If the Walt Disney Studios were to have a real-life Jiminy Cricket, it would have to have been former vice chairman Roy Edward Disney, son of Roy O. Disney and nephew of Walt Disney. Besides being its conscience, Roy has also been called the “soul of the Company;” he often looked to its past to define its future.
Roy once said, “The thing that distinguishes us from everybody else, and always has and always will, is our past. The goal is to look over our shoulder and see Snow White and Pinocchio and Dumbo standing there, saying, ‘Be this good.’ We shouldn’t be intimidated by them; they’re an arrow pointing someplace.”
Born in Los Angeles on January 10, 1930, Roy practically grew up at the Studio. His father managed the Company’s business affairs, while his uncle inspired artists to create magical animated worlds for movie screens. Roy was there when Snow White and Pinocchio were born and once recalled:
“The animators used to test stuff out on me. They’d say, ‘Come on in and watch this and see if you think it’s funny.’”
In 1951, Roy graduated with a bachelor’s degree in English from Southern California’s Pomona College. He soon launched his entertainment career as an assistant film editor on the television series Dragnet, starring Jack Webb. He joined The Walt Disney Studios in 1954, working as an assistant editor on the successful True-Life Adventures films. These included The Living Desert and The Vanishing Prairie, both of which won Academy Awards®. He later wrote and co-produced Mysteries of the Deep, which won an Oscar® nomination in 1959.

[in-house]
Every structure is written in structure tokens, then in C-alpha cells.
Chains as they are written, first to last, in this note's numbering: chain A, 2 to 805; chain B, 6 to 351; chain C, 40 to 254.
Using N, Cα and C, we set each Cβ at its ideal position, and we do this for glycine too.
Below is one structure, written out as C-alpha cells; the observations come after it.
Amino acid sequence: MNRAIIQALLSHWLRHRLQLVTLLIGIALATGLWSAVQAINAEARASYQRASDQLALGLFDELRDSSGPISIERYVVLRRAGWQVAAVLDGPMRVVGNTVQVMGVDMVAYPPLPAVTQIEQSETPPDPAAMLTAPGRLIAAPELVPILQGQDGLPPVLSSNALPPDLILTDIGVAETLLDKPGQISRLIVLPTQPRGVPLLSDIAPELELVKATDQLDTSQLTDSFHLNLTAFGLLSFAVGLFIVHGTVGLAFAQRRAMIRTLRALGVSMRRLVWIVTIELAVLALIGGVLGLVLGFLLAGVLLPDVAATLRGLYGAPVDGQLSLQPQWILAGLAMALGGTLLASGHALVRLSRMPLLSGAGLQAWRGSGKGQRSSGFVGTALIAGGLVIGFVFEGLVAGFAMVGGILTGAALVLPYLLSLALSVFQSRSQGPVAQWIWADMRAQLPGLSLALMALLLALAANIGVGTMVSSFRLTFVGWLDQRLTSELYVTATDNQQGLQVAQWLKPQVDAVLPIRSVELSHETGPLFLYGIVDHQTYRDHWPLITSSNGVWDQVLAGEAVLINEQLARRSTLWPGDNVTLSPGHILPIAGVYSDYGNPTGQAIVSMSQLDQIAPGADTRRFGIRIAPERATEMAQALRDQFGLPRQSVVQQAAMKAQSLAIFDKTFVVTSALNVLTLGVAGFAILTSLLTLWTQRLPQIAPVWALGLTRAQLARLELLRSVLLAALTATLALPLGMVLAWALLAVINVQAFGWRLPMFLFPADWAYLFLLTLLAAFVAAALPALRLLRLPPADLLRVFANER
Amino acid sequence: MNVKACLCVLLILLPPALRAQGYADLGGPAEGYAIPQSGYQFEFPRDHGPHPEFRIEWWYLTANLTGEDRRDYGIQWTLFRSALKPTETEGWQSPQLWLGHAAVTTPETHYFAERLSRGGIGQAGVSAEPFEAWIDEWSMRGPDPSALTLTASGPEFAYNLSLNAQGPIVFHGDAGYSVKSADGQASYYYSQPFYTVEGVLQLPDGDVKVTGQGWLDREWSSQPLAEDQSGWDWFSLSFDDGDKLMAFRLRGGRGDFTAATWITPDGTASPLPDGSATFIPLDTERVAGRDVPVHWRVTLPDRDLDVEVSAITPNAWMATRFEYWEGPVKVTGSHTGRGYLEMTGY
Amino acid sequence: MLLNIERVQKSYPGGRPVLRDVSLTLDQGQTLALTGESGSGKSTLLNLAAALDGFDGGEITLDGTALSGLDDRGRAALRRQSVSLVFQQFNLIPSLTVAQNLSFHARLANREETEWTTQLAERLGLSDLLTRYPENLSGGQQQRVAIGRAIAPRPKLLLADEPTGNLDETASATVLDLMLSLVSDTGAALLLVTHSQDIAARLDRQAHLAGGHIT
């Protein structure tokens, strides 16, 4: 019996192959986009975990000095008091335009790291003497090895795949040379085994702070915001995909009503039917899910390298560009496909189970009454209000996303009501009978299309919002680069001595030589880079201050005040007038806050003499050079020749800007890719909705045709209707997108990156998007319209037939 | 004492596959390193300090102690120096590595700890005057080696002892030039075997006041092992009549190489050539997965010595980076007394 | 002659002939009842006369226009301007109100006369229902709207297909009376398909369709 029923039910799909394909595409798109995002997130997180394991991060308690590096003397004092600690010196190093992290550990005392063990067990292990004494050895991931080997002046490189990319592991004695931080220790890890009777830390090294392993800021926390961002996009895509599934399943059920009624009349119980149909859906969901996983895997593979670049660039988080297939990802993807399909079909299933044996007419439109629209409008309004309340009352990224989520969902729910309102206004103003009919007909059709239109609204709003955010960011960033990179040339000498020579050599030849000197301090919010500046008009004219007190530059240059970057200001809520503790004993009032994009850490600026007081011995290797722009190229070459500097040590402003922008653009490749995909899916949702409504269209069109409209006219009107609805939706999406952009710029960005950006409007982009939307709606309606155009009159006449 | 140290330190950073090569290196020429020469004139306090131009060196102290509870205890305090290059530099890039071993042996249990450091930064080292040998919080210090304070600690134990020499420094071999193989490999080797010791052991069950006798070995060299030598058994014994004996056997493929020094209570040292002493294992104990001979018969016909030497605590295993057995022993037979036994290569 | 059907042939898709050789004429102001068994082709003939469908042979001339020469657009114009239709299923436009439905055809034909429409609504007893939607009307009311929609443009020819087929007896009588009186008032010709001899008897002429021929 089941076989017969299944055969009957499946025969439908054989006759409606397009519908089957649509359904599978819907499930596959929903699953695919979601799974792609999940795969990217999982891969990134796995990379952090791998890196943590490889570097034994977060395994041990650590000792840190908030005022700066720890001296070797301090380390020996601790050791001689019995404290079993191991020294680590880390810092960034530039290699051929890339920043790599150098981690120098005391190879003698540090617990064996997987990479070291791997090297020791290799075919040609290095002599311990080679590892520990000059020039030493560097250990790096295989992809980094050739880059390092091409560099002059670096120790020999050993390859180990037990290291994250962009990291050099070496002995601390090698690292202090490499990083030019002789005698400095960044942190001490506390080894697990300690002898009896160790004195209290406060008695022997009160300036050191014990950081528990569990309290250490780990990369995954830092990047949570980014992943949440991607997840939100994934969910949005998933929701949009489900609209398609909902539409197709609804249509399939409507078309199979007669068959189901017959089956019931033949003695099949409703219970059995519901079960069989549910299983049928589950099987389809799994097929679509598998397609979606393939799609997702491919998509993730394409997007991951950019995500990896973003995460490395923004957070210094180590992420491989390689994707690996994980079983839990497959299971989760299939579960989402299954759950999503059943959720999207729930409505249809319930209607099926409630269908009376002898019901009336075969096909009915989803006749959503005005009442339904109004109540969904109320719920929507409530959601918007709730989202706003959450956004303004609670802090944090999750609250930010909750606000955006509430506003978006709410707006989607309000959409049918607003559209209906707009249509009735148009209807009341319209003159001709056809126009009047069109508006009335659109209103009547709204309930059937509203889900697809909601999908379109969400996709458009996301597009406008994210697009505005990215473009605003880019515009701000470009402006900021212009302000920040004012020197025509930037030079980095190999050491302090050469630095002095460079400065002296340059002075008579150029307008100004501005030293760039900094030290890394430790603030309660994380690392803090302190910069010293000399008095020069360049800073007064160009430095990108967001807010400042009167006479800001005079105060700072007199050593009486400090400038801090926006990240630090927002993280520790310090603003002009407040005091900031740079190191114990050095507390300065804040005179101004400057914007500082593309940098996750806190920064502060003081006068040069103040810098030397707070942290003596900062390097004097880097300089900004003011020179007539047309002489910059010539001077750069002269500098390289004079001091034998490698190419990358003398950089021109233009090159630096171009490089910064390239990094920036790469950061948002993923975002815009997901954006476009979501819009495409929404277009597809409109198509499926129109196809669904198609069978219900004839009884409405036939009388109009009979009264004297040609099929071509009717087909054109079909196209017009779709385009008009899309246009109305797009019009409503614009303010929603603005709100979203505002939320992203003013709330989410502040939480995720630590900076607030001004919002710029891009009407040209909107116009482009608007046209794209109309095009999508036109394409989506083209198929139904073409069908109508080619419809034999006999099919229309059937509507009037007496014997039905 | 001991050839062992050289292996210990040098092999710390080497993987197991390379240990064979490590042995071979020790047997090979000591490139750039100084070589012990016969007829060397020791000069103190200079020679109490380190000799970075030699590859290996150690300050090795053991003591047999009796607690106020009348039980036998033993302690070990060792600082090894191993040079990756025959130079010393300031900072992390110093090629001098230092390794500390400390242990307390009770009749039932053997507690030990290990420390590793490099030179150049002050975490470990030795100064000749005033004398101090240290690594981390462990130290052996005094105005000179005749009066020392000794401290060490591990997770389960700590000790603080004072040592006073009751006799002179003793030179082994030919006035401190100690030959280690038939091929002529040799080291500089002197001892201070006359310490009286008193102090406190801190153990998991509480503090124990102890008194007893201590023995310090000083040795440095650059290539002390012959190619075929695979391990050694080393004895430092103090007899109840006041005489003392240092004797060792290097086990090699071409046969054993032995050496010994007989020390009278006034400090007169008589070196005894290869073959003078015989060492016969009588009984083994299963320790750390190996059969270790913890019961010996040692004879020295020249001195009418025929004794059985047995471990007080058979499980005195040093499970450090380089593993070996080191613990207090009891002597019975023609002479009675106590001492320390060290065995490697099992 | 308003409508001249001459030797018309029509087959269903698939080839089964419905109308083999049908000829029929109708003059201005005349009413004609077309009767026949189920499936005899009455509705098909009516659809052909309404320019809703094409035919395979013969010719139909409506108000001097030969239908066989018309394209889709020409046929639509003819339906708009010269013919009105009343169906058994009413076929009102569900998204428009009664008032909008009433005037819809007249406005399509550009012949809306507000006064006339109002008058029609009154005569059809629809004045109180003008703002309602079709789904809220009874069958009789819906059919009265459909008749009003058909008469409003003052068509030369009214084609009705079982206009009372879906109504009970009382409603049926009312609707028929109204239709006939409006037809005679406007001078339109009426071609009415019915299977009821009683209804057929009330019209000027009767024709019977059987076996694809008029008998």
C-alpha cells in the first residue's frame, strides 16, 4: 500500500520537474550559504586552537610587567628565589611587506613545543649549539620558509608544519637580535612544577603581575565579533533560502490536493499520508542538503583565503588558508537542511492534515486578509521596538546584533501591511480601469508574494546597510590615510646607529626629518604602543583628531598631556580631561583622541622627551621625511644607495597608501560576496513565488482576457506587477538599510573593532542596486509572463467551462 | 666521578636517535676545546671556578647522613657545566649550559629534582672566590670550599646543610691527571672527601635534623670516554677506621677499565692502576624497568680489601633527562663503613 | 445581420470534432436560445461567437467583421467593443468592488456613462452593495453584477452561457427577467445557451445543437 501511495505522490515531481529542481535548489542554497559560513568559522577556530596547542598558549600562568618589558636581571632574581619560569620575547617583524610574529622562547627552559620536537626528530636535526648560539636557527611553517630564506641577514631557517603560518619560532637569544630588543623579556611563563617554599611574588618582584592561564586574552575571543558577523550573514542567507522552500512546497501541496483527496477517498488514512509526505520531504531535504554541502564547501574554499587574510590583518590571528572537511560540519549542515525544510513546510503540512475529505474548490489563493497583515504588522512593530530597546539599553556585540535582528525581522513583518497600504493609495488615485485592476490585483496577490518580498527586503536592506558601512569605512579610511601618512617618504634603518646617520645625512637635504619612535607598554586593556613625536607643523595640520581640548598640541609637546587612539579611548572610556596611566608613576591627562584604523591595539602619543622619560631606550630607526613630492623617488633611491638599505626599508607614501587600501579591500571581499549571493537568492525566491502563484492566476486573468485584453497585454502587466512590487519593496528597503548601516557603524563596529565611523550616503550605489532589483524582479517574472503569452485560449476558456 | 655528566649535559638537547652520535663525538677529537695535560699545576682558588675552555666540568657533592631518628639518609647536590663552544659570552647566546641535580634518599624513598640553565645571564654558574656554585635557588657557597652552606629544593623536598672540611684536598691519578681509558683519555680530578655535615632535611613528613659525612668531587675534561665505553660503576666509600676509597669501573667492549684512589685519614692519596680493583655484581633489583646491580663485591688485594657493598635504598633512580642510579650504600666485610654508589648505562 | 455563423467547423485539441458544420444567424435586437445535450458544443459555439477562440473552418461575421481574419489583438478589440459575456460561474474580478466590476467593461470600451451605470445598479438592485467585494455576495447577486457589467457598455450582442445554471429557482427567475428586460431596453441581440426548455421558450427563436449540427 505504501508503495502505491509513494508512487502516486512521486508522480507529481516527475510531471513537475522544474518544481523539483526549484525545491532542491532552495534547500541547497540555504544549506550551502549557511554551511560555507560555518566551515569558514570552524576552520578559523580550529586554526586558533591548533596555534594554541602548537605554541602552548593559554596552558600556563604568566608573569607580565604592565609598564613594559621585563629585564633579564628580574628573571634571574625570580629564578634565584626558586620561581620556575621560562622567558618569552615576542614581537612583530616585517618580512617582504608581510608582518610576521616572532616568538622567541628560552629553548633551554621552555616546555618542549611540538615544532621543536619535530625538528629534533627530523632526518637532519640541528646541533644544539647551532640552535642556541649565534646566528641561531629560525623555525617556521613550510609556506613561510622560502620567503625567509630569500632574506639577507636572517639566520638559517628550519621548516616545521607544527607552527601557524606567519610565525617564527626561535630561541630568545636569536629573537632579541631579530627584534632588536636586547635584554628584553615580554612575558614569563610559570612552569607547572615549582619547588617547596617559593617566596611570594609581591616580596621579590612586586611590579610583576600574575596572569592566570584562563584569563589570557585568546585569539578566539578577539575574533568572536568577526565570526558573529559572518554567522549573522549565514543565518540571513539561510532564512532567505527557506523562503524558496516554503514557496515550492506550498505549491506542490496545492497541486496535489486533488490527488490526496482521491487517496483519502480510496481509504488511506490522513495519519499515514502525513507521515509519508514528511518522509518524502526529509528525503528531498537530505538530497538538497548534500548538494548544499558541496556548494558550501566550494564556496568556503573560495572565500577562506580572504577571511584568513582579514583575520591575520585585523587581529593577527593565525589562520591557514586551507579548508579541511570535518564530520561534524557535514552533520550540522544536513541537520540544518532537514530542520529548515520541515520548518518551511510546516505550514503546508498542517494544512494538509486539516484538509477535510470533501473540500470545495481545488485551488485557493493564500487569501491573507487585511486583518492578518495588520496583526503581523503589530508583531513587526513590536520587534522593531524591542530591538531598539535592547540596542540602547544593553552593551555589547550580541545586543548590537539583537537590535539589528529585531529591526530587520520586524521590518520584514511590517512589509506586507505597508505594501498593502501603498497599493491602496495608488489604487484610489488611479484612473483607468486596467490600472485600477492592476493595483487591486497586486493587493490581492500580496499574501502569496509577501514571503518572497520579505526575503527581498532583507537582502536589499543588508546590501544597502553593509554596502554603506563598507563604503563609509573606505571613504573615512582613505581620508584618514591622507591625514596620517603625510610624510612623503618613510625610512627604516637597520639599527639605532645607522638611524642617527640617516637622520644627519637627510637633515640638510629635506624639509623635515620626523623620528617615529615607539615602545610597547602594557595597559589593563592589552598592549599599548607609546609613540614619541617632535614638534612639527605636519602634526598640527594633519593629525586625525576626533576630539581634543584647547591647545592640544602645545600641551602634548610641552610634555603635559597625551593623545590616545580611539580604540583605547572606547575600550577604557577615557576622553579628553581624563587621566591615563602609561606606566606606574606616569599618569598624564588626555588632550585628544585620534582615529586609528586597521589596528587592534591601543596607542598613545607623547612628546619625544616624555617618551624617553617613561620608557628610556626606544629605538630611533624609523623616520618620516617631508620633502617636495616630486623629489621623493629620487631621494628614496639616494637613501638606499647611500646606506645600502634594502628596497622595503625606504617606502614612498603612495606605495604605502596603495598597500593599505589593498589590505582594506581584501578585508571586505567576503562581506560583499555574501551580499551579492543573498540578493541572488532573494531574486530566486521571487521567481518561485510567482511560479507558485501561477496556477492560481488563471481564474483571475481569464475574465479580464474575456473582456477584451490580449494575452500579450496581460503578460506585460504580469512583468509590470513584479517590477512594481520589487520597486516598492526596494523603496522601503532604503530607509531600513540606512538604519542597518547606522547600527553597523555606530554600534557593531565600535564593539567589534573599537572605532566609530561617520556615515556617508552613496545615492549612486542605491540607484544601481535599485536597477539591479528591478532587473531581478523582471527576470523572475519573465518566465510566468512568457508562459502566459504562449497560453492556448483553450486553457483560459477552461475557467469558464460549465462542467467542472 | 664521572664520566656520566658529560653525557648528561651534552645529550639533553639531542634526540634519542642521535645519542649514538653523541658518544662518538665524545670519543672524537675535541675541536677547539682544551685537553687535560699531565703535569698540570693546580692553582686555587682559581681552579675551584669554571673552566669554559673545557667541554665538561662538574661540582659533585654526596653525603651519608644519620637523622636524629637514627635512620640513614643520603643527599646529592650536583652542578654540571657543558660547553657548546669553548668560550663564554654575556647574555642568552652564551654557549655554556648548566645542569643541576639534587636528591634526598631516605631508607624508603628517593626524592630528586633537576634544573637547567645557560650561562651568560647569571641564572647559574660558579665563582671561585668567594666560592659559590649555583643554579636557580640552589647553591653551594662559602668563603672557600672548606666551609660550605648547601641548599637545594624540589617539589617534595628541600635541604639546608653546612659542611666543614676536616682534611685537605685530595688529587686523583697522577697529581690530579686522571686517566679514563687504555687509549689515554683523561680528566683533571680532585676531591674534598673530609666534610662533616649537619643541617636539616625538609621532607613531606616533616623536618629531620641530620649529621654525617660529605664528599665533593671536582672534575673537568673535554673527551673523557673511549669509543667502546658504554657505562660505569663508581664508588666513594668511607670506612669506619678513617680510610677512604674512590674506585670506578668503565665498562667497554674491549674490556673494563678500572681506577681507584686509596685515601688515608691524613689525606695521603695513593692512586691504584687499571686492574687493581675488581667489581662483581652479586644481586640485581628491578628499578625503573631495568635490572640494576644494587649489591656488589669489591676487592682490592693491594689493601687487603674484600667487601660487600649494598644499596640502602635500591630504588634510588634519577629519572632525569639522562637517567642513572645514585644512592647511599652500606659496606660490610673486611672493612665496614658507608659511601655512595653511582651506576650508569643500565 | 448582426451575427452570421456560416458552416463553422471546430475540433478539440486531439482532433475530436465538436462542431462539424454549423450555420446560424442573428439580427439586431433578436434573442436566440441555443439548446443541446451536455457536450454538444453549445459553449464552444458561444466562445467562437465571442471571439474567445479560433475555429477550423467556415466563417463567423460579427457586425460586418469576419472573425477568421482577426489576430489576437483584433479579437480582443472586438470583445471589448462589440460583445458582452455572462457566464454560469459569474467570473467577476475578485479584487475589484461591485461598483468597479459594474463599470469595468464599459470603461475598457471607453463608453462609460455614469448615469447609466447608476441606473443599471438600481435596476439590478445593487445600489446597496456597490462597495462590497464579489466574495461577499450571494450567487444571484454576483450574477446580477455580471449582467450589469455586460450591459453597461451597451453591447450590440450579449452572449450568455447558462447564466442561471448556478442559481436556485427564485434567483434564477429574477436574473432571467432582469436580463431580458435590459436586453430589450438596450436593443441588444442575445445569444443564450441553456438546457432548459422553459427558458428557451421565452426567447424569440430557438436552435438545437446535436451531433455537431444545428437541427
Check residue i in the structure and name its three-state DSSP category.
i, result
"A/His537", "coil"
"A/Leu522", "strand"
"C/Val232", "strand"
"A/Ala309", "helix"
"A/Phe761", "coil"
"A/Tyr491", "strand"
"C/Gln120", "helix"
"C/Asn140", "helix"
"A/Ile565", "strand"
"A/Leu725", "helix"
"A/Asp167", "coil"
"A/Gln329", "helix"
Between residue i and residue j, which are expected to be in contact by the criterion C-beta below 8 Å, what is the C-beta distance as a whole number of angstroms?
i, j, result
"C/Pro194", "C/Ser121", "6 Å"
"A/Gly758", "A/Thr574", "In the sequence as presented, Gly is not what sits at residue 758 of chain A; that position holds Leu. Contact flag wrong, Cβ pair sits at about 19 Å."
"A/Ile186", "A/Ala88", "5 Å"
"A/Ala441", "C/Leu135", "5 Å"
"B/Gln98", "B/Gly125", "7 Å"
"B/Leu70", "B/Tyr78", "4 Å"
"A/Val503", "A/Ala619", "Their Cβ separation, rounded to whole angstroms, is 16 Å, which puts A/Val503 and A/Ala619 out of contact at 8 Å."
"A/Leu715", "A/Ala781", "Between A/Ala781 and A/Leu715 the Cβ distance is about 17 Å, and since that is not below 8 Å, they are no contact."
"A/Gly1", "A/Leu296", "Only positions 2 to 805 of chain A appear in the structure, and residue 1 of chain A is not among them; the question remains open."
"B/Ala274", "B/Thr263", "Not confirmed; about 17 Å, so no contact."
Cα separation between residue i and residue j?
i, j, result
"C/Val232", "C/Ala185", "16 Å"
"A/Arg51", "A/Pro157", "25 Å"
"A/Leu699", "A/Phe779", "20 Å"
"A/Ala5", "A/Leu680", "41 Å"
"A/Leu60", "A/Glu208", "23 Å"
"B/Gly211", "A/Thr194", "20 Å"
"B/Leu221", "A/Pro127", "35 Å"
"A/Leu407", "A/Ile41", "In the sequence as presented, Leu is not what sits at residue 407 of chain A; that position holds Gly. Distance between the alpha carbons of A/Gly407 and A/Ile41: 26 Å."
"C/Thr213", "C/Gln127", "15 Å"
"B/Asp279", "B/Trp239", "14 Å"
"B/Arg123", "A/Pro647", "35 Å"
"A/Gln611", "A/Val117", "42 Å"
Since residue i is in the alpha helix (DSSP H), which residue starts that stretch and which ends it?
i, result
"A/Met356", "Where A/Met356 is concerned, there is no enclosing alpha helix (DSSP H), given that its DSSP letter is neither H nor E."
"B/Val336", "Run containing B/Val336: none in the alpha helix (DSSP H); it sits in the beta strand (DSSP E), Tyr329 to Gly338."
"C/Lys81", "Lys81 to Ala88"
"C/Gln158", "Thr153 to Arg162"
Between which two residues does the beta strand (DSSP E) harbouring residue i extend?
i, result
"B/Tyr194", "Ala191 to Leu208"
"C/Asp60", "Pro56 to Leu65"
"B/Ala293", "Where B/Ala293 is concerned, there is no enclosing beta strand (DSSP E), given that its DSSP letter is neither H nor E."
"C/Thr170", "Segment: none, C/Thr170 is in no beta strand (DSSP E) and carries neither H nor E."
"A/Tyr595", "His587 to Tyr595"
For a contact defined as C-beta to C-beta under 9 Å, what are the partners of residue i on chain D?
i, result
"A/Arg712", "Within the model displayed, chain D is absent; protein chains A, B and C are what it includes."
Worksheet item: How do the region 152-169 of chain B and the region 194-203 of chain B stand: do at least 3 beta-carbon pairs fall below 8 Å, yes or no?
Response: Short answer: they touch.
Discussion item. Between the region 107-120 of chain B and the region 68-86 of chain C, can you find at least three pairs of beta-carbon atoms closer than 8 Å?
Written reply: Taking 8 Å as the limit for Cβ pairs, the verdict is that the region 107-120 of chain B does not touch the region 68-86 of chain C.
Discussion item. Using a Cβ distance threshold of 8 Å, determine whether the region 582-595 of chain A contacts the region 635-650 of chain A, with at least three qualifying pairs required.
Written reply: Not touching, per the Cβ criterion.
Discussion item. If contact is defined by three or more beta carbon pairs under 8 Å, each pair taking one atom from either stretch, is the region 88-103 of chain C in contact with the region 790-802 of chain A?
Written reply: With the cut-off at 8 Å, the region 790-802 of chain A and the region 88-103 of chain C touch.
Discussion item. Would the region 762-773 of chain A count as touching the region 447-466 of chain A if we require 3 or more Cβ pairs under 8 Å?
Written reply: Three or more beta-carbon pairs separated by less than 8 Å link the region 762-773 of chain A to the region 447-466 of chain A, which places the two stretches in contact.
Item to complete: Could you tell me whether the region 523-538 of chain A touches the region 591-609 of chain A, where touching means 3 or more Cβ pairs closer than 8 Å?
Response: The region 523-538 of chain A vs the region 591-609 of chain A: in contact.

Roy also wrote for television series, including Walt Disney’s Wonderful World of Color and the popular Zorro, starring Guy Williams. Then, in 1964, he formed his own production unit to write, produce, and direct some 35 television and theatrical productions including Varda, the Peregrine Falcon, The Owl That Didn’t Give a Hoot, and Pancho, the Fastest Paw in the West. He joined the Company’s Board of Directors in 1967.
After 23 years, Roy left the Studio in 1977 to become an independent producer and investor. He returned seven years later to serve as the Company’s vice chairman and head of the animation department. Subsequently, Disney animation produced some of its greatest box office successes of all time, including The Little Mermaid, Beauty and the Beast, and The Lion King.
Roy achieved a long-time dream when he revived one of his uncle’s most colorful visions with Fantasia 2000. A continuation of Walt Disney’s 1940 classic Fantasia, which combined classical music with original animation, Fantasia 2000 rang in a new millennium on January 1, 2000, at IMAX theaters across the country.
Roy also spearheaded the effort to complete Destino, the surrealistic cartoon envisioned by Salvador Dali and Walt, but subsequently shelved. The film appeared in 2003.
After another brief time away from the Company, Roy returned as a consultant and Director Emeritus in 2005. He was also a trustee at the California Institute of the Arts, and an avid sailor; he smashed several speed records and participated in more than a dozen Transpacific Yacht Races in a series of ships named Pyewacket. Roy also produced a number of documentaries about sailing, including 2008’s Morning Light.
Roy passed away on December 16, 2009. In 2010, the feature animation building at The Walt Disney Studios was re-dedicated as the “Roy E. Disney Animation Building,” paying tribute to Roy’s efforts to revitalize the art form. The 2009 documentary Waking Sleeping Beauty was also dedicated in his honor.